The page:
Tagged With apples

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Pies are really great, like, really great. Personally I am a huge fan of a dessert apple pie with custard and vanilla ice cream during the holidays, or anytime for that matter. With Christmas coming up why not learn how to make a great apple pie that will blow your relatives away?

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You can get some pretty good apples right now, but sometimes even the most beautiful, promising looking crisp fruits can be a little too tart or a little too bland. This is, without a doubt, very disappointing, but don't let it ruin your day. All your ho-hum apple needs is a sprinkling of salt.

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Apple pie, applesauce, apple crumble, apple butter - whether you're apple-picking or just stocking up at the supermarket, 'tis very much the season. But what about apple juice? Ubiquitous as it is, it's never been a home-kitchen staple. Unlike soft citrus fruits that can be squeezed by hand or with a simple tool, apples require a proper cold-press juicer… or do they?

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Though there is something rewarding and cathartic about baking a finicky, labour-intensive dessert, I would be lying if I said I didn't enjoy an easy, though still fancy-looking sweet thing. Apple roses are not only deliciously warm and comforting, but they're just plain pretty, and a cinch to make.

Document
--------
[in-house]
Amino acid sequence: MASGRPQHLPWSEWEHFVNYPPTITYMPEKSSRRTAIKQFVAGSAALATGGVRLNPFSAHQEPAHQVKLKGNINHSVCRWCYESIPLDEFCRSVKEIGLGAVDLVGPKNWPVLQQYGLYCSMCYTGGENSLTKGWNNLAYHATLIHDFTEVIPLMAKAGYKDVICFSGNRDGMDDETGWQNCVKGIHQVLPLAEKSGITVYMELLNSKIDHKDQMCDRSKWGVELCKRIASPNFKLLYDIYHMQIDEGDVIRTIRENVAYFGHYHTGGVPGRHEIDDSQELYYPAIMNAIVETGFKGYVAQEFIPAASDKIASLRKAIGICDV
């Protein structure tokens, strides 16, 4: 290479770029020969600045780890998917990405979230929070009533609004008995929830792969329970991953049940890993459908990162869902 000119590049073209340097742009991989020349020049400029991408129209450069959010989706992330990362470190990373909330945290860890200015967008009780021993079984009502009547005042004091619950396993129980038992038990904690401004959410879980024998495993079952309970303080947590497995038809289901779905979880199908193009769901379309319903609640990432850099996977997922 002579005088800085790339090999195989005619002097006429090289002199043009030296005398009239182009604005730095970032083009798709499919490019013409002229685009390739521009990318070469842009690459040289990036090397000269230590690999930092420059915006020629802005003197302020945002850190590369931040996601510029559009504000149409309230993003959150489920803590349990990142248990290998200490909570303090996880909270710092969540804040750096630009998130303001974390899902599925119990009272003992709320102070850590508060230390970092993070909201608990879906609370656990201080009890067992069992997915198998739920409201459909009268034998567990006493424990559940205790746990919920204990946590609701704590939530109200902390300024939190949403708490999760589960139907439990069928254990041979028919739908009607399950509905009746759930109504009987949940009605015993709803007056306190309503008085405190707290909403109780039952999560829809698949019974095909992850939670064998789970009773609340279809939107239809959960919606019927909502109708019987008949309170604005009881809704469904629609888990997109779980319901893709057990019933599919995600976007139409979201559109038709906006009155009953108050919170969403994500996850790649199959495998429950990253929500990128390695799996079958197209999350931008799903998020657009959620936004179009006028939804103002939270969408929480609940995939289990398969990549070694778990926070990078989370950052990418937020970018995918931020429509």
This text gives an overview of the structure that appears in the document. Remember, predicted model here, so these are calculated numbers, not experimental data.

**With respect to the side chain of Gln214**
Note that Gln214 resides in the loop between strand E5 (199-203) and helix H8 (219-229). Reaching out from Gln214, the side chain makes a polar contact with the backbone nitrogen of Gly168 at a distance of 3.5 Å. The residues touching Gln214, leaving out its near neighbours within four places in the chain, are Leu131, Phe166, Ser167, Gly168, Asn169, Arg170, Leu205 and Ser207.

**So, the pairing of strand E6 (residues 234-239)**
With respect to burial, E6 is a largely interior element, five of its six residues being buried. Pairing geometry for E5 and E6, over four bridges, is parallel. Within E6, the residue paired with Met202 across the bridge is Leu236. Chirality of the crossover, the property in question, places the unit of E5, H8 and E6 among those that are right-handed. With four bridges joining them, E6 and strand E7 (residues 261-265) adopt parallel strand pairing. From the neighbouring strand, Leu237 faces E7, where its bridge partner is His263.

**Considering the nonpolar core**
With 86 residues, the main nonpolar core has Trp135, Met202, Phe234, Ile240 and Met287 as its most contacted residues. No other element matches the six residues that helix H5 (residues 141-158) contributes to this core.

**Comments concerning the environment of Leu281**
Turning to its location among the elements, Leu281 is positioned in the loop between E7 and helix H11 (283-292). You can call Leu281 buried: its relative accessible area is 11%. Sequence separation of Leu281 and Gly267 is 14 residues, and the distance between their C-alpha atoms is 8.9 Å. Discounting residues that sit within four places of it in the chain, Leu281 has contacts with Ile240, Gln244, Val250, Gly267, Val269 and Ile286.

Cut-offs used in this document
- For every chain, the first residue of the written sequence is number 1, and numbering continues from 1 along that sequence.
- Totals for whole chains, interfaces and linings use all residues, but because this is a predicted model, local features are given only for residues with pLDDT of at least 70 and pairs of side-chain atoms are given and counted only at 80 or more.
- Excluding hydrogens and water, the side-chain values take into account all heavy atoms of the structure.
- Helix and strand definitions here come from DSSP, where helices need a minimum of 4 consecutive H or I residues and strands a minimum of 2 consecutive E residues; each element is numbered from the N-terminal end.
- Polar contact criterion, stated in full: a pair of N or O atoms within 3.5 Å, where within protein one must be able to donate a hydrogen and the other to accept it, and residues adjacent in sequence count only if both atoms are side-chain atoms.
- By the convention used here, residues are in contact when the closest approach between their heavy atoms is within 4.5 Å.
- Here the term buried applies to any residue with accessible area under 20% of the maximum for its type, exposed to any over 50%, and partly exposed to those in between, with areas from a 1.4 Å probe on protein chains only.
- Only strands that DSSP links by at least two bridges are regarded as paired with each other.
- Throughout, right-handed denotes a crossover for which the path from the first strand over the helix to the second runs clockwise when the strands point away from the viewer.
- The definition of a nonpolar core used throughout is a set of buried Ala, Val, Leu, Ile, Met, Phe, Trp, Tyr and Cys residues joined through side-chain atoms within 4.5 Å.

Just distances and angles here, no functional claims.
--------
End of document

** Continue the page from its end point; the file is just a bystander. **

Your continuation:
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A crispy, tart and sweet apple, lovingly coated in either a shiny candied shell or rich robe of caramel, is a quintessential treat that is both easy to make, but also fairly easy to mess up. To make sure your toffee apples are the best they can possibly be, there are a few factors you need to keep in mind.

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They say an apple a day keeps the doctor away. They're also a highly versatile ingredient that can make everything from crispy chips to all-American pies. Here are 10 cooking suggestions for your next apple harvest (or trip to the grocery store). We've even included some ideas for the leftover peel.

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Garlic is an ingredient I could never give up, and I've resigned myself to living with the smelly reality of it. I've tried the lemon-salt-scrubbing trick. I've tried bicarb soda. Neither totally eliminate the pungent aroma garlic leaves in its wake. But Cook's Illustrated has a new trick for me to try, and it involves a potato.